Born in Surrey, England in 1924, Caro is considered one of the masters of modern sculpture. Caro began his career with training at the Royal Academy Schools of London and as an assistant to Henry Moore.
His early work owes much to Picasso, and by the early 1960s, Caro was welding standardized metal units into abstract configurations. His ideas and materials have continued to dominate sculptural practice, and he has become an influential figure among many younger artists. Caro’s project for Art of this Century is a cast paper book printed with an evocative image of an apple and a woman’s buttocks.
This piece belongs to a series of books produced by Caro over the past decade. At once monumental and intimate, it suggests the possibility for a personal relationship with significant sculpture. In addition, Art of this Century published a conversation between Caro and his fellow master sculptor Eduardo Chillida.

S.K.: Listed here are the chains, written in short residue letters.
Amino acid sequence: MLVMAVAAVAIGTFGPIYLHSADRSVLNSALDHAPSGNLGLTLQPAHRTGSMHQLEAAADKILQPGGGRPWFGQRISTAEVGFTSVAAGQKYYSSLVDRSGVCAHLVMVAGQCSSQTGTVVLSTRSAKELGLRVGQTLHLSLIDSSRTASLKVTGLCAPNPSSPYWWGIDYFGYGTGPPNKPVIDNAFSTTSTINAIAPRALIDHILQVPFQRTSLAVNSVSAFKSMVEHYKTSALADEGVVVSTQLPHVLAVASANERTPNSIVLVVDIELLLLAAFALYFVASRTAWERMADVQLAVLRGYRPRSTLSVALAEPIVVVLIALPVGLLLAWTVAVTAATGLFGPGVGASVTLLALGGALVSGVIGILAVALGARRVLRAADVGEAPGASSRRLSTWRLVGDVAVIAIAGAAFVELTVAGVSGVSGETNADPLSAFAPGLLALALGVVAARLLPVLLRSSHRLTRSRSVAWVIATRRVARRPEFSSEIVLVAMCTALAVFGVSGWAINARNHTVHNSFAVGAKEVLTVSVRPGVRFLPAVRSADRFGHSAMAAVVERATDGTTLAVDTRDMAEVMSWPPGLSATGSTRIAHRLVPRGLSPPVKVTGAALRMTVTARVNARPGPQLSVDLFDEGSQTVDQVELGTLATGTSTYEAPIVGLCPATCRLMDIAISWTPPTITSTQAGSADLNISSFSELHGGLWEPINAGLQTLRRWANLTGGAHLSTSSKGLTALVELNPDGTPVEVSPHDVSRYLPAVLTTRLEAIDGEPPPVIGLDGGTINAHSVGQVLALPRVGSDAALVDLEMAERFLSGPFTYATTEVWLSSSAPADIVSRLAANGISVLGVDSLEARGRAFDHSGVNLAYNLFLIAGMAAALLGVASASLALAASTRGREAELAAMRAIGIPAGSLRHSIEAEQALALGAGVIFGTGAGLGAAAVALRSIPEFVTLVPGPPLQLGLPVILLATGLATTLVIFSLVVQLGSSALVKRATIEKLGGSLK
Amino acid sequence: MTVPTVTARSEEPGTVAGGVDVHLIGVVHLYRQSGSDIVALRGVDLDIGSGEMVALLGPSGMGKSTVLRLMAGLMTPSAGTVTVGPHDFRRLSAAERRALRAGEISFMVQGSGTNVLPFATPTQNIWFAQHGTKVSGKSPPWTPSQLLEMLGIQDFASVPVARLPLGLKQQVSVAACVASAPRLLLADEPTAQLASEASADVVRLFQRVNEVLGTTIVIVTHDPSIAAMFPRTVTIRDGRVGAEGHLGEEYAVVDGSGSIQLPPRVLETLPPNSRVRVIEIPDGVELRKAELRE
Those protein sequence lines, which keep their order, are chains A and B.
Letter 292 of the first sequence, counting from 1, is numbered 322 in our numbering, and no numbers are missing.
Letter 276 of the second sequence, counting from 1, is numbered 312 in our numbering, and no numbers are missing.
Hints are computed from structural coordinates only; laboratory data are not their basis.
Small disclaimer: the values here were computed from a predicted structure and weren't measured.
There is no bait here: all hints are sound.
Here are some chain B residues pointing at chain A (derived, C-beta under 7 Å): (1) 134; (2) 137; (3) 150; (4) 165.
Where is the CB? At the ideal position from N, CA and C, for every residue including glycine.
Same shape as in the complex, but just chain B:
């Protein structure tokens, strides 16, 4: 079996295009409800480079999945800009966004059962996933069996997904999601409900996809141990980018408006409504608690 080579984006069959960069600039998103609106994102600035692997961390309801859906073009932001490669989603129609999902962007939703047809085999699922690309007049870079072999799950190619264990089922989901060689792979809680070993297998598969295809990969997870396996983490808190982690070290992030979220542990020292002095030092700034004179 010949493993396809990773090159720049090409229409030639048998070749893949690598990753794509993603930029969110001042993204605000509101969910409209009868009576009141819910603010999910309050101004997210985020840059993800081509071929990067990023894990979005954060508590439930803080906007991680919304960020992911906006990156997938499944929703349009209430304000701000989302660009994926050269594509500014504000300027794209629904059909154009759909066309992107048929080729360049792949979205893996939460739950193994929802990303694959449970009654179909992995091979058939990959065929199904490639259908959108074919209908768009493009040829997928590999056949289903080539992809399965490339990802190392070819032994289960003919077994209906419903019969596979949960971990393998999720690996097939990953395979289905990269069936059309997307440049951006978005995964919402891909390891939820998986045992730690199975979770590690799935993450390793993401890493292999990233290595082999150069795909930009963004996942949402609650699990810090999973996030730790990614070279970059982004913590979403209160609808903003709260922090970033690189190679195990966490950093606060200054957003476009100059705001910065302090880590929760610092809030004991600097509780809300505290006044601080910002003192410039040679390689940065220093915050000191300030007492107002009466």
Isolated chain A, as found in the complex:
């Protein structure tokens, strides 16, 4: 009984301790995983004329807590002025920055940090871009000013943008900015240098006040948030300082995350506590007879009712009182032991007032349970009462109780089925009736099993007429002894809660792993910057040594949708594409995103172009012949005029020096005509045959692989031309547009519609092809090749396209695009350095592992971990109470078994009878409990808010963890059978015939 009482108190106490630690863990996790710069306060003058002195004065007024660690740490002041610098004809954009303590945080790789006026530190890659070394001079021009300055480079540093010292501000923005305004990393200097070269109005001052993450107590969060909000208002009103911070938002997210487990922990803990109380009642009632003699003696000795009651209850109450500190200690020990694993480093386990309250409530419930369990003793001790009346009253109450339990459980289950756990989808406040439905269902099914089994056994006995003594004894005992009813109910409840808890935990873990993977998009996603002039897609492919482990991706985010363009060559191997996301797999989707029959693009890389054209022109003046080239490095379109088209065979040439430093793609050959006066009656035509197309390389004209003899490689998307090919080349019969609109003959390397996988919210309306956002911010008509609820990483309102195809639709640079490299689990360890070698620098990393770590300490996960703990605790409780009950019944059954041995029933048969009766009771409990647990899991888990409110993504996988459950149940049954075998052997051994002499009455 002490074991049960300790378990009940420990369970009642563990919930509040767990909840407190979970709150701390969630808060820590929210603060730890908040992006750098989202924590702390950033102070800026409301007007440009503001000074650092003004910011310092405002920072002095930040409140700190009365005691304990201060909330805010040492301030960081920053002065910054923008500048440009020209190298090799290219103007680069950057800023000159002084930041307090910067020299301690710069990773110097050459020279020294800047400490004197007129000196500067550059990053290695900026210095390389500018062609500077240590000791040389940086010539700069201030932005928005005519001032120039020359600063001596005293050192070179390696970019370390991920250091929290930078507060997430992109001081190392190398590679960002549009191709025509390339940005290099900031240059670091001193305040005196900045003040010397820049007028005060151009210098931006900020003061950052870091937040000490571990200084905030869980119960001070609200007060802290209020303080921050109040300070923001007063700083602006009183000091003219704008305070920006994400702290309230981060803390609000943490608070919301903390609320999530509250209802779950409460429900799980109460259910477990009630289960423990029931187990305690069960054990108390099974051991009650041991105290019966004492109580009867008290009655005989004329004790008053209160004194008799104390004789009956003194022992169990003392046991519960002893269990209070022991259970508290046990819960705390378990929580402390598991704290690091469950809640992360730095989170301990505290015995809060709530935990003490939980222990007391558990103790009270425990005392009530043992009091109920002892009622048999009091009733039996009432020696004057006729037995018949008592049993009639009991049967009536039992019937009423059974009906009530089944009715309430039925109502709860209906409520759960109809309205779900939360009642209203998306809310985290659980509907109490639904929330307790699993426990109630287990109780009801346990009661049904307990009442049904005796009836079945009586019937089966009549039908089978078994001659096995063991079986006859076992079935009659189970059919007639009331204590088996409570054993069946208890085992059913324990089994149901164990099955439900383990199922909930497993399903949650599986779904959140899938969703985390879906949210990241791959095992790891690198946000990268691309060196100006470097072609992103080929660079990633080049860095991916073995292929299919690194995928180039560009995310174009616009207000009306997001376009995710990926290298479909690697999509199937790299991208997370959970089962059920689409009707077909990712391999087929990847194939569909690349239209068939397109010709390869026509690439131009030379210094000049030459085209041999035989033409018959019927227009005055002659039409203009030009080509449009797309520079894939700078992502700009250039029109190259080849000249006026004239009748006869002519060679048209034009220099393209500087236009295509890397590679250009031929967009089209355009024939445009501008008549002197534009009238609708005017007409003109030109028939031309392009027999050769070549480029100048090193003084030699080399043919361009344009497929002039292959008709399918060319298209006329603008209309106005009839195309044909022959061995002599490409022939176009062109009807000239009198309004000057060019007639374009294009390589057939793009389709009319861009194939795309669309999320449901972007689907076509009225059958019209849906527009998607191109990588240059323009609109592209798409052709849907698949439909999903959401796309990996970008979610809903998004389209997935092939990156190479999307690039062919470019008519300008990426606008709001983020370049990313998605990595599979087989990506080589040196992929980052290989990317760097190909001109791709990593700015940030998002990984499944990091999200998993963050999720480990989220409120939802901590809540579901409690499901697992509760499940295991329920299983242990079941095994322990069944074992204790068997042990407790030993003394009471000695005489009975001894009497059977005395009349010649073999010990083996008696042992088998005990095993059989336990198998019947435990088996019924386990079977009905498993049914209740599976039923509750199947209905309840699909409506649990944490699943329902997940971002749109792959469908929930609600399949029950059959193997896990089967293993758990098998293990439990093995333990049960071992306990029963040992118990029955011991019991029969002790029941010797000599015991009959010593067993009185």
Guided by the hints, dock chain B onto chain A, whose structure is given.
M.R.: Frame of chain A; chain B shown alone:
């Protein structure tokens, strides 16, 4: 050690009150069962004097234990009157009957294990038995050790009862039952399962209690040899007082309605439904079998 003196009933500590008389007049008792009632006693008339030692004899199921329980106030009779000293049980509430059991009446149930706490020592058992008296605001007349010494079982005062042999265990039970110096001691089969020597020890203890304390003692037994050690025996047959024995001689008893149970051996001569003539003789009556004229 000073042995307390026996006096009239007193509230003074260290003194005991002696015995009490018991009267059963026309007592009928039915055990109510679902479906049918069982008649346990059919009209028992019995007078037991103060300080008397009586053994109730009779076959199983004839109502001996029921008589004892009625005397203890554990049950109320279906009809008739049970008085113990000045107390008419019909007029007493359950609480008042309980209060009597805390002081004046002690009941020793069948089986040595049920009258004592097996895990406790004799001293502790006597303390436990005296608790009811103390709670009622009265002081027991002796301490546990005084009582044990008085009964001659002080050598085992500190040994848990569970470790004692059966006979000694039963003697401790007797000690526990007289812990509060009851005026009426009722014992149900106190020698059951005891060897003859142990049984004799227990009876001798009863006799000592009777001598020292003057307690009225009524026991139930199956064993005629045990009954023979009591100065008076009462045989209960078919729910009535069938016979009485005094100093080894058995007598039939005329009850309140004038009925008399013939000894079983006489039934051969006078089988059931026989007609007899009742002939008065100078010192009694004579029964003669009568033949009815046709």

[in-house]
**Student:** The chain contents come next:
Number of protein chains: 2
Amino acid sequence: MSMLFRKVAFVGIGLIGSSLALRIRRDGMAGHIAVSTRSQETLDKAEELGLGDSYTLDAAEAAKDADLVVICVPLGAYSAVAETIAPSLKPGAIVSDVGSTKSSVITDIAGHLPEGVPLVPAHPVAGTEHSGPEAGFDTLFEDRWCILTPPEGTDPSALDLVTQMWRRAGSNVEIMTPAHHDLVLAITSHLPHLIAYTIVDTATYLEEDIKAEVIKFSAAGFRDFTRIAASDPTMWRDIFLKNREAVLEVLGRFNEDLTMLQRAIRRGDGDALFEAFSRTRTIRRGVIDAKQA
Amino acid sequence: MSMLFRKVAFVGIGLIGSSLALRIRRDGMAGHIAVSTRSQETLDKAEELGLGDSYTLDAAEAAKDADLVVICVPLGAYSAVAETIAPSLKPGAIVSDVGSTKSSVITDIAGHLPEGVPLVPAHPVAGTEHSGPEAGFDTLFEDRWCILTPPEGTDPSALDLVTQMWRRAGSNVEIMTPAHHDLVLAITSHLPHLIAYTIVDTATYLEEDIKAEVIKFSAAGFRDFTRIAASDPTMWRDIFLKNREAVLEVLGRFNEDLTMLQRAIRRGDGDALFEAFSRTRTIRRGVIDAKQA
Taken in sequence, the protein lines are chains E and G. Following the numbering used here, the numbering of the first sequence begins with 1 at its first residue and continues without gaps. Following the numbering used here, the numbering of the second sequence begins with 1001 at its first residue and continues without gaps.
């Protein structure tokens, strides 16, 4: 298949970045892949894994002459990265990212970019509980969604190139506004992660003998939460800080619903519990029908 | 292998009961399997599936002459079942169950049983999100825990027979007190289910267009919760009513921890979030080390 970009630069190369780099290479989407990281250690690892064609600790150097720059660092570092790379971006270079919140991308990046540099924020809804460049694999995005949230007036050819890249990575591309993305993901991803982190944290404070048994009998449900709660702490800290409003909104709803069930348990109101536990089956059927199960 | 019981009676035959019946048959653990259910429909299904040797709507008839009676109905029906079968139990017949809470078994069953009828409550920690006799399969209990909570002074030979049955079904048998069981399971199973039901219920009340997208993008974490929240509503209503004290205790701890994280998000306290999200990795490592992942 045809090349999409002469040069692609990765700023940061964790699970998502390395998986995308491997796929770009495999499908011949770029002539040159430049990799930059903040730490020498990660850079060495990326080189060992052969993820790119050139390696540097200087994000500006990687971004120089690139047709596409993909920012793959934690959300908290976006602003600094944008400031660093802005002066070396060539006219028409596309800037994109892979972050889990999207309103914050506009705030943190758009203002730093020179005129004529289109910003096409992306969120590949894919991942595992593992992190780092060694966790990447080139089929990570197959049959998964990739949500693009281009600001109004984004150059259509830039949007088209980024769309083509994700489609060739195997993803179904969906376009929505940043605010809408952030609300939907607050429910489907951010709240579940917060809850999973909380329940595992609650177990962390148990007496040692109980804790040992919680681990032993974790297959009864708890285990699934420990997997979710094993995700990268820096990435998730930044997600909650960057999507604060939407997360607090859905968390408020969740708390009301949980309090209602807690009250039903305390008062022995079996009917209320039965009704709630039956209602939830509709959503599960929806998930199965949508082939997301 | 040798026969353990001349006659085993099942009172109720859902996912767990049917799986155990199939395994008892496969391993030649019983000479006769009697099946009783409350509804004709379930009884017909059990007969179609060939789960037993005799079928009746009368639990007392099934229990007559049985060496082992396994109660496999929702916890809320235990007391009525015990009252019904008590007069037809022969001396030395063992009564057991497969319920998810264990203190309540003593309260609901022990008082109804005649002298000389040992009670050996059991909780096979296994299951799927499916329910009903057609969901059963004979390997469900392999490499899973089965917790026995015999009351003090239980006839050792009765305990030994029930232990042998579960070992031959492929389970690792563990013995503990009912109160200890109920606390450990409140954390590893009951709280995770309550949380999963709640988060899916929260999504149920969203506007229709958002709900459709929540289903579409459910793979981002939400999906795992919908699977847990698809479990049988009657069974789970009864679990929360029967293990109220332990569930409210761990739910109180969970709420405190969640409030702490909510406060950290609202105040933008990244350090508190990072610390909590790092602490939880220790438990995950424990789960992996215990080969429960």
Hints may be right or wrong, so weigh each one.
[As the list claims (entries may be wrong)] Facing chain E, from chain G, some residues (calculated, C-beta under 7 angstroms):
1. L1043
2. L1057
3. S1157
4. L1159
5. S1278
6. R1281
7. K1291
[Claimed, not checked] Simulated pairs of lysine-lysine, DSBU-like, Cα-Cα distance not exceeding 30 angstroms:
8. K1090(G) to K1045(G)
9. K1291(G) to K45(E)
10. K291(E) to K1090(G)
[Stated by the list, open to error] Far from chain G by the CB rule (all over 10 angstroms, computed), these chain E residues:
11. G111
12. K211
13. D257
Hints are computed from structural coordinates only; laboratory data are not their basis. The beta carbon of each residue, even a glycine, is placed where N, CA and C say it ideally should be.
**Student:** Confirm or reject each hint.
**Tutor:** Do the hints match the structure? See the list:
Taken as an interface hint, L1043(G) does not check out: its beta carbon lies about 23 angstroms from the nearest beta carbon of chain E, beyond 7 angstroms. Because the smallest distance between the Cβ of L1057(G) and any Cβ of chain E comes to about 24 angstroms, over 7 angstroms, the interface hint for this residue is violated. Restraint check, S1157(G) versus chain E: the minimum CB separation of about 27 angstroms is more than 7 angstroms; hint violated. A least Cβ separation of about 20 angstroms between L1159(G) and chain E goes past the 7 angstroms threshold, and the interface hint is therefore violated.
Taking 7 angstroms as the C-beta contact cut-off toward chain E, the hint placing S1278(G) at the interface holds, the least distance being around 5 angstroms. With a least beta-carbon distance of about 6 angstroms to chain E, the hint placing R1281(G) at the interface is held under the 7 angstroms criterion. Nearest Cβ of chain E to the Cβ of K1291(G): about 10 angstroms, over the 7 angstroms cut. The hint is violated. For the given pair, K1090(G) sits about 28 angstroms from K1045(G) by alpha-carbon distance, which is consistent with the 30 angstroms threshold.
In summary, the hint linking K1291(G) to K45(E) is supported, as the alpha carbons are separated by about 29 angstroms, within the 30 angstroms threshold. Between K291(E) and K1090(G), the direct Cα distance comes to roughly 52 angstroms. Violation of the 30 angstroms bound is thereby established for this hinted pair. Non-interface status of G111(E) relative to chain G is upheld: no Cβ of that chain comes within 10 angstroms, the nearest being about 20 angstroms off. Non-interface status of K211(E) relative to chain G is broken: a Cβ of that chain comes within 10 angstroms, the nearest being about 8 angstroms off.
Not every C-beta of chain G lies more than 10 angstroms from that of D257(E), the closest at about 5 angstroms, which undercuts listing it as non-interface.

Caro was knighted in 1987 and received the Order of Merit in May 2000. He was awarded many prizes, including the Praemium Imperiale for Sculpture in Tokyo in 1992 and the Lifetime Achievement Award for Sculpture in 1997.
From 1 June to 27 October 2013 in connection with the 55th Venice Biennale, he exhibited at the Museo Correr, Venice, Italy. The exhibit was on at the time of his death. Caro was 89 when he died of a heart attack on 23 October 2013. He was lauded as a "gentle man with a pioneering spirit" by BBC arts editor Will Gompertz and "one of the greatest sculptors in the second half of the twentieth century" by Royal Academy of Arts chief executive Charles Saumarez Smith.